Business are no longer local and are increasingly international as technology makes it possible to transcend borders. Whether companies are small or large, all types are doing deals with prospective clients regardless of where the client is located in the world. Many companies are also encouraging their employees to forget about the typical 40-hour work week and instead stay involved whilst they are on the go.
VoIP has played a large role in the process of the shift to remote working and increasing the geographical reach of the business. It provides a frictionless mechanism for effective communication without causing any disruption to the business. In 2012 global VoIP revenue was $43.27 billion according to Future Market Insights and there were 98.9 billion registered subscribers. FMI predicts that within two years there will be 204.8 billion corporate subscribers globally and the industry will generate $86.20 billion in revenue. For companies the value proposition is that they can reduce their calling costs by as much as 90 per cent.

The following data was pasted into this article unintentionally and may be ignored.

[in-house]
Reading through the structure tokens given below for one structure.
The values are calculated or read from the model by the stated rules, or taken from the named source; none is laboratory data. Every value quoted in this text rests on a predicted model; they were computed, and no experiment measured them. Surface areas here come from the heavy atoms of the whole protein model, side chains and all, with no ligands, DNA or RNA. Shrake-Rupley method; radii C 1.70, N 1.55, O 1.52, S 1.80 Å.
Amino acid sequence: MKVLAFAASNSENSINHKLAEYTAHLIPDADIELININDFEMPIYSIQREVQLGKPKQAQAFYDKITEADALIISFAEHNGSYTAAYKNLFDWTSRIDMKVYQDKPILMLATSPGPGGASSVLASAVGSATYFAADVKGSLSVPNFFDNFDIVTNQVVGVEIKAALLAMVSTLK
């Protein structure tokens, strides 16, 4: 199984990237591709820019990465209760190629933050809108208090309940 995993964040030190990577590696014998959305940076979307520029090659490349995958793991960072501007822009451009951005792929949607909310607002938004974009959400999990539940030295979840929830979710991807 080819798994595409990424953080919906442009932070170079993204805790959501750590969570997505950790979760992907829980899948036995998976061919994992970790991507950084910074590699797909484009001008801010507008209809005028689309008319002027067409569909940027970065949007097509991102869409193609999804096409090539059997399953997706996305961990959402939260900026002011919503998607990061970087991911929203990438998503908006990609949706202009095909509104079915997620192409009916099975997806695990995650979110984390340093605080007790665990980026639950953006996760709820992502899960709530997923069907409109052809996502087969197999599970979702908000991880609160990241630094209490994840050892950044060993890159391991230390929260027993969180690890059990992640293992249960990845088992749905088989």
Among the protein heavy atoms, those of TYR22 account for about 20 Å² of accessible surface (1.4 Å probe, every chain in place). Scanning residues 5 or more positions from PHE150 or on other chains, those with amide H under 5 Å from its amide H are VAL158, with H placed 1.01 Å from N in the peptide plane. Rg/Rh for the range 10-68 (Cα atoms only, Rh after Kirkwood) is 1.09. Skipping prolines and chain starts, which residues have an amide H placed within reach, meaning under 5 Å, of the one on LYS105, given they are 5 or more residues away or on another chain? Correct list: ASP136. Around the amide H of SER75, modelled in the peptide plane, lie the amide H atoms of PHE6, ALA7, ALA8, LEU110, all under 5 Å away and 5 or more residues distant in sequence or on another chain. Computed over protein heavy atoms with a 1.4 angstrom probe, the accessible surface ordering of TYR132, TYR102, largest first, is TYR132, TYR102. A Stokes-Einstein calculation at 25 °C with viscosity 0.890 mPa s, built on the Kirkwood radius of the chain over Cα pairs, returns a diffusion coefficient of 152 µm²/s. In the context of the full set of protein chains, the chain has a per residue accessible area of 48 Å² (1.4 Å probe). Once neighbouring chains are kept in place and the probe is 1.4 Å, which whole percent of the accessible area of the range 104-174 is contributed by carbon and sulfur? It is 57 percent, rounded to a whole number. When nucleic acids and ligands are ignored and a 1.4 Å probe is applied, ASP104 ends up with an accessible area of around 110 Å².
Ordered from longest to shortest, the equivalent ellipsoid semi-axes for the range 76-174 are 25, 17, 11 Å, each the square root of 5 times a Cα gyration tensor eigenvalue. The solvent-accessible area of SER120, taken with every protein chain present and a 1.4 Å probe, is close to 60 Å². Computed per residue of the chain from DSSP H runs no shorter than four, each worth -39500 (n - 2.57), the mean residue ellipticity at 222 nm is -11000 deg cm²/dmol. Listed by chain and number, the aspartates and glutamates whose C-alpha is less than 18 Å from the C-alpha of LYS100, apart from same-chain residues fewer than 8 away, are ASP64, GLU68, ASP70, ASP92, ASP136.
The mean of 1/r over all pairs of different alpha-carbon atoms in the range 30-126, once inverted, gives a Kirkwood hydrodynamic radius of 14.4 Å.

Typically, a business will save anywhere between 50 to 75 per cent when they migrate from traditional fixed lines to VoIP technology. Smaller companies tend to see bigger savings. Even a large enterprise such as Dell was able to cut its costs by $39.5 million as well as reduce carbon emissions because employees could telecommute. One case study suggests that companies that had 30 phones and switched to VoIP were able to save $1200 every month off their phone bill.
Many conversations are filled with pauses or silent spaces. VoIP fills all the silent spaces with data whilst traditional telecoms solutions continuously keep sending data even when there is a pause in the conversation. VoIP also eliminates redundancy and introduces compression. VoIP allows for virtual faxing which saves on paper and enables excellent customer services which delivers favourable brand recognition.